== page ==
Dale Folwell

Around the state, restaurants and salons were able to open again late Friday with social distancing restrictions in place. While this is a step forward, State Treasurer Dale Folwell continues to be focused on reopening the economy.

“There’s an honest debate right now between life and livelihood,” Folwell said.

In crises like the pandemic, lower- and fixed-income people are more affected. Folwell said he wants to make sure people in that demographic are able to recover from the economic impact of the stay-at-home order Gov. Roy Cooper put in place in response to the coronavirus pandemic.

For months, North Carolina residents have stayed indoors, limiting grocery trips and errands to slow the spread of the virus.

“If people can’t move, they can’t consume,” Folwell said.

During normal travel, people are commuting to work, driving and buying gas, shopping for food, clothes or leisure, and vacationing. Folwell said the lack of travel is affecting the economy as well as the lack of income as employees lose jobs.

The decrease in sales leads to a decrease in government revenue at a state and municipal level. With Iredell County and municipal governments in the throes of budgeting for fiscal year 2020-2021, the expected drop in sales tax has affected expenditure plans for the next year.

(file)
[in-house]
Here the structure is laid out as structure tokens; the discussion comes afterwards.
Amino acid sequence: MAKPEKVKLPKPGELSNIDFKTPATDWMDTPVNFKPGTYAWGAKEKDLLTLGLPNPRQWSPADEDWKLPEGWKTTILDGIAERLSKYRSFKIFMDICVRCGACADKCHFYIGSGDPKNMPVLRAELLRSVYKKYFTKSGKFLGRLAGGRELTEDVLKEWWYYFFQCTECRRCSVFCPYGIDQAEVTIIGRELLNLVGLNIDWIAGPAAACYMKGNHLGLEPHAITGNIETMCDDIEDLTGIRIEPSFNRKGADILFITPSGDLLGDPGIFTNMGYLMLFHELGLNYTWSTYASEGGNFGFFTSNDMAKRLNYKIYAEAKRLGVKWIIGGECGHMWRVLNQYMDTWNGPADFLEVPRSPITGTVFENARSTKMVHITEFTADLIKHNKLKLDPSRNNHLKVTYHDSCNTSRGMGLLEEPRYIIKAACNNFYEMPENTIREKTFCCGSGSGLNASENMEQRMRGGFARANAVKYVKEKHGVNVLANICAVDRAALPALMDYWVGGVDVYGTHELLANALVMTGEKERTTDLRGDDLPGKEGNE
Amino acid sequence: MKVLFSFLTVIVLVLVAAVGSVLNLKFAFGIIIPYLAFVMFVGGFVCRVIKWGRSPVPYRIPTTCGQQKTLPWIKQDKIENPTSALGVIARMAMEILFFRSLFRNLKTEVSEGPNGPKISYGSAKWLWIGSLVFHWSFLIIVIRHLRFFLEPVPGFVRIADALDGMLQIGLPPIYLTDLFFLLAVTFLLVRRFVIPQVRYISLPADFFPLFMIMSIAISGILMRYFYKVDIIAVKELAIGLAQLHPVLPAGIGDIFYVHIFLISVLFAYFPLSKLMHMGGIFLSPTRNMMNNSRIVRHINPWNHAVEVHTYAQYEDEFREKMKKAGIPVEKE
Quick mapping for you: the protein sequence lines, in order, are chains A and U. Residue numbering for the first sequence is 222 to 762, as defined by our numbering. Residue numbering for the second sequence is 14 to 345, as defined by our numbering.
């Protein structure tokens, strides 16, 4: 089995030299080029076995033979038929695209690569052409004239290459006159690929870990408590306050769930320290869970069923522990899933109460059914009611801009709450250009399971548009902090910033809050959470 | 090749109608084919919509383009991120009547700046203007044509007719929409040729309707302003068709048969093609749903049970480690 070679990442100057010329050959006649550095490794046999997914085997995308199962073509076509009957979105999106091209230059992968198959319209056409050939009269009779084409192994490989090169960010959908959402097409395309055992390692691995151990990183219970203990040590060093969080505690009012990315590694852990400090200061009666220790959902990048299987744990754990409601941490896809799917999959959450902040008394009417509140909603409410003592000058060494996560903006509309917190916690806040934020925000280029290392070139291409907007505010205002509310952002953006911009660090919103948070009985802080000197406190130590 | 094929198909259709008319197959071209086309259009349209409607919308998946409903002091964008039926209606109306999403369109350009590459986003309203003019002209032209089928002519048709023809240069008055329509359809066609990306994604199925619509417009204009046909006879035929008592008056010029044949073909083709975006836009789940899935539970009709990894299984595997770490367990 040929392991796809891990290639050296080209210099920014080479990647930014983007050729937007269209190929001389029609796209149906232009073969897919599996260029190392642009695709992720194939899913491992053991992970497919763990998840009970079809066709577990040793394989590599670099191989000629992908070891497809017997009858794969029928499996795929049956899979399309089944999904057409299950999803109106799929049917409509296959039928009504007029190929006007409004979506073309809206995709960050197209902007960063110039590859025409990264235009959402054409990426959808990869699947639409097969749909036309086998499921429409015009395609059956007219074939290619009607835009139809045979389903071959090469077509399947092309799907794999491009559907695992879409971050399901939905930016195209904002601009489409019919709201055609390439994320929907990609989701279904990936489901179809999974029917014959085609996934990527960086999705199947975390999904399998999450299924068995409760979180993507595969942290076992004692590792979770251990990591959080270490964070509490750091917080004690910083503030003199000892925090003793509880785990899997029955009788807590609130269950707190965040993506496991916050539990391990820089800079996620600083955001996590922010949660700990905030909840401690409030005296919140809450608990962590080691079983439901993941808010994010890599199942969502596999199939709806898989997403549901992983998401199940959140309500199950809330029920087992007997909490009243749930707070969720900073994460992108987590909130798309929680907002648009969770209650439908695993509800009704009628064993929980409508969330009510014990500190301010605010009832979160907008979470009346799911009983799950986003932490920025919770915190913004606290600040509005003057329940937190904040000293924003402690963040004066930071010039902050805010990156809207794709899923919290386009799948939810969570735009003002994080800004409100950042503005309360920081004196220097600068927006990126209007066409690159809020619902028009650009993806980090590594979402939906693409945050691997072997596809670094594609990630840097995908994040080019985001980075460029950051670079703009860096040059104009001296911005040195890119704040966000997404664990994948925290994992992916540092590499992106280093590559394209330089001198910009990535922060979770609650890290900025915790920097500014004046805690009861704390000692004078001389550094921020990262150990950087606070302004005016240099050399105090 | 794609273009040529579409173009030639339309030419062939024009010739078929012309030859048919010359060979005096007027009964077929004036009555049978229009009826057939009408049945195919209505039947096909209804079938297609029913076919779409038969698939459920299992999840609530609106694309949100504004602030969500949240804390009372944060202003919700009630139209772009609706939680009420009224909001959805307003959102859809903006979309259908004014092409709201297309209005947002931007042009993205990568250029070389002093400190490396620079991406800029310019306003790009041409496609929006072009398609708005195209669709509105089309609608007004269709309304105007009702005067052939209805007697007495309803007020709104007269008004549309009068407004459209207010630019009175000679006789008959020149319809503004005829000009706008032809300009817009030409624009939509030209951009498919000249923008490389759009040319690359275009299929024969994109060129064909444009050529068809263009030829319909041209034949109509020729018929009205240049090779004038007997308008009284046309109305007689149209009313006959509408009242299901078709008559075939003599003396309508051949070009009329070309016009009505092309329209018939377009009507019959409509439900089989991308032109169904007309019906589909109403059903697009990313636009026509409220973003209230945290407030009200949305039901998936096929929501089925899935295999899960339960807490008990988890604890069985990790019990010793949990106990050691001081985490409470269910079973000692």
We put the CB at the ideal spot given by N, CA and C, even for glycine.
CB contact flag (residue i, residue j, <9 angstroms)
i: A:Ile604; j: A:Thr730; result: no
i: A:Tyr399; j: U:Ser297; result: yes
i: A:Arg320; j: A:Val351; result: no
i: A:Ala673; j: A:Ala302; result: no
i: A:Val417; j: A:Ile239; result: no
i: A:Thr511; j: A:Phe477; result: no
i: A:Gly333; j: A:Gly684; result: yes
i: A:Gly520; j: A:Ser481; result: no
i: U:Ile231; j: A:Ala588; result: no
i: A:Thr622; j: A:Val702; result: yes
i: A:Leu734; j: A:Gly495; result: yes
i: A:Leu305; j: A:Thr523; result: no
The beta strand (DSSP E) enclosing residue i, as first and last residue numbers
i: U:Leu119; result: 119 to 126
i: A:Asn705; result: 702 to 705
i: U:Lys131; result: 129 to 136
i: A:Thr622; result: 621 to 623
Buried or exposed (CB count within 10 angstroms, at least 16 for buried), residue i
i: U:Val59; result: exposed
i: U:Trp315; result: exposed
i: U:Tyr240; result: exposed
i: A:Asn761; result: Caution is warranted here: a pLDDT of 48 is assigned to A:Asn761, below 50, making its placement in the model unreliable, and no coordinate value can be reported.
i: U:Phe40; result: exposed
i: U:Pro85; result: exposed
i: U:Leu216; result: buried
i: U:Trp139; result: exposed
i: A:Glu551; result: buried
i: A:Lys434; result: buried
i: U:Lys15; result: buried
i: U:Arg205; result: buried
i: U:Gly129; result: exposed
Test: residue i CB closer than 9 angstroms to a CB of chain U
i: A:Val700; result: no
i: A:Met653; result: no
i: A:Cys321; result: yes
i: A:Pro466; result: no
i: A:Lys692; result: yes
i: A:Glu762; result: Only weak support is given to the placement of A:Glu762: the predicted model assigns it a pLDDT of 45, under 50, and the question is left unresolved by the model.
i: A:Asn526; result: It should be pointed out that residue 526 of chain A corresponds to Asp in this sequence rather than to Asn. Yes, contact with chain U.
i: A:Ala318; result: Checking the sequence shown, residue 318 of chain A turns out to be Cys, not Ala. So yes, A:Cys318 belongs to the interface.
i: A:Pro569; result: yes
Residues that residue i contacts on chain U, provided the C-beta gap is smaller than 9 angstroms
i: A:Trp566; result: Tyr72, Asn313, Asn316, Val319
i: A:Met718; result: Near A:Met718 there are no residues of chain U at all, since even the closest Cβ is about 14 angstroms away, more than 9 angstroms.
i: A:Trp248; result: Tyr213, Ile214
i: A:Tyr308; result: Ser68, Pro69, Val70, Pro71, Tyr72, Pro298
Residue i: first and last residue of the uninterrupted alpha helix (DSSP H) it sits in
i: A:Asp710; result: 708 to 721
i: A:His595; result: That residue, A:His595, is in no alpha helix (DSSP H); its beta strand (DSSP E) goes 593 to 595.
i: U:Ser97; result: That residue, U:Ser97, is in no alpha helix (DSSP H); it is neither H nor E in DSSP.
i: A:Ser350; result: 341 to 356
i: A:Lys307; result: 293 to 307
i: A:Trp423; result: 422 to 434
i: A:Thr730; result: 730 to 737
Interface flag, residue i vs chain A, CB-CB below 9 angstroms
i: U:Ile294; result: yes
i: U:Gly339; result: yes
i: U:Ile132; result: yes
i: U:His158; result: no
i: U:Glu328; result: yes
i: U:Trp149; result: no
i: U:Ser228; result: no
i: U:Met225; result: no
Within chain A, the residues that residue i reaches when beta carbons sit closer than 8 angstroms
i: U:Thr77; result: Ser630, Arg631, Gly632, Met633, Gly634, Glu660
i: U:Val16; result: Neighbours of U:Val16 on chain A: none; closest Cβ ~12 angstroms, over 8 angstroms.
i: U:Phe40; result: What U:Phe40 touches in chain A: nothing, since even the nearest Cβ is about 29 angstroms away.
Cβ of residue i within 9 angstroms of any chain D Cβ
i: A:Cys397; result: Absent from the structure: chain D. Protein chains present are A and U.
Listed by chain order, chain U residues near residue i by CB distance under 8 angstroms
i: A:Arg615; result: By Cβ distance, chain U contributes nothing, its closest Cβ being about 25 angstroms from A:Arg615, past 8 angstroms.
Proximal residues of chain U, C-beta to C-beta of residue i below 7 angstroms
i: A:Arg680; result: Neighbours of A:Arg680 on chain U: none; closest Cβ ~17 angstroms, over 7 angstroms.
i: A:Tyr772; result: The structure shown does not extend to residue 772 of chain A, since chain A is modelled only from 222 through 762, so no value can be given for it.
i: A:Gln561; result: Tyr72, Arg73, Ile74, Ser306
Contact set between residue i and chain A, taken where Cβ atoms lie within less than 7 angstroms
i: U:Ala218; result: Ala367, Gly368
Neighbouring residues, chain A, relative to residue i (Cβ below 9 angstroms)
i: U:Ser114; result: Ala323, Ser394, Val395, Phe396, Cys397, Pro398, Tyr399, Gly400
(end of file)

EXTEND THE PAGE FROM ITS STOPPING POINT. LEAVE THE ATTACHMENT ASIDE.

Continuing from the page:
Some local governments will struggle without the expected revenue from sales tax. Folwell said Iredell County and Statesville have saved enough to remain in good standing despite the crisis. During meetings, both Iredell and Statesville officials and staff have discussed strategies for limiting spending in the next fiscal year to prepare for the decrease in revenue.

“People do not care what political party you’re a member of,” Folwell said. “They just want their problems fixed.”

Folwell said he is focused on helping North Carolina residents make sure they put food on the table and go back to work.

Having been hospitalized in March after contracting the coronavirus, Folwell said he knows how serious the disease can be. However, the state needs to focus on the sick and healthy, he said. Different demographics and different areas of the state have different needs.

“We’re all working together, but we’re in different boats,” Folwell said.

He said restricting business operations too much will start putting North Carolina at a disadvantage compared to the surrounding states. Some surrounding states, like Georgia, started allowing some businesses to reopen before North Carolina.

However, Folwell said the state is in a strong financial position. If the governor’s office allows the state to reopen, North Carolina has potential to recover quickly.

“We’ve got to get the economy open again,” Folwell said.

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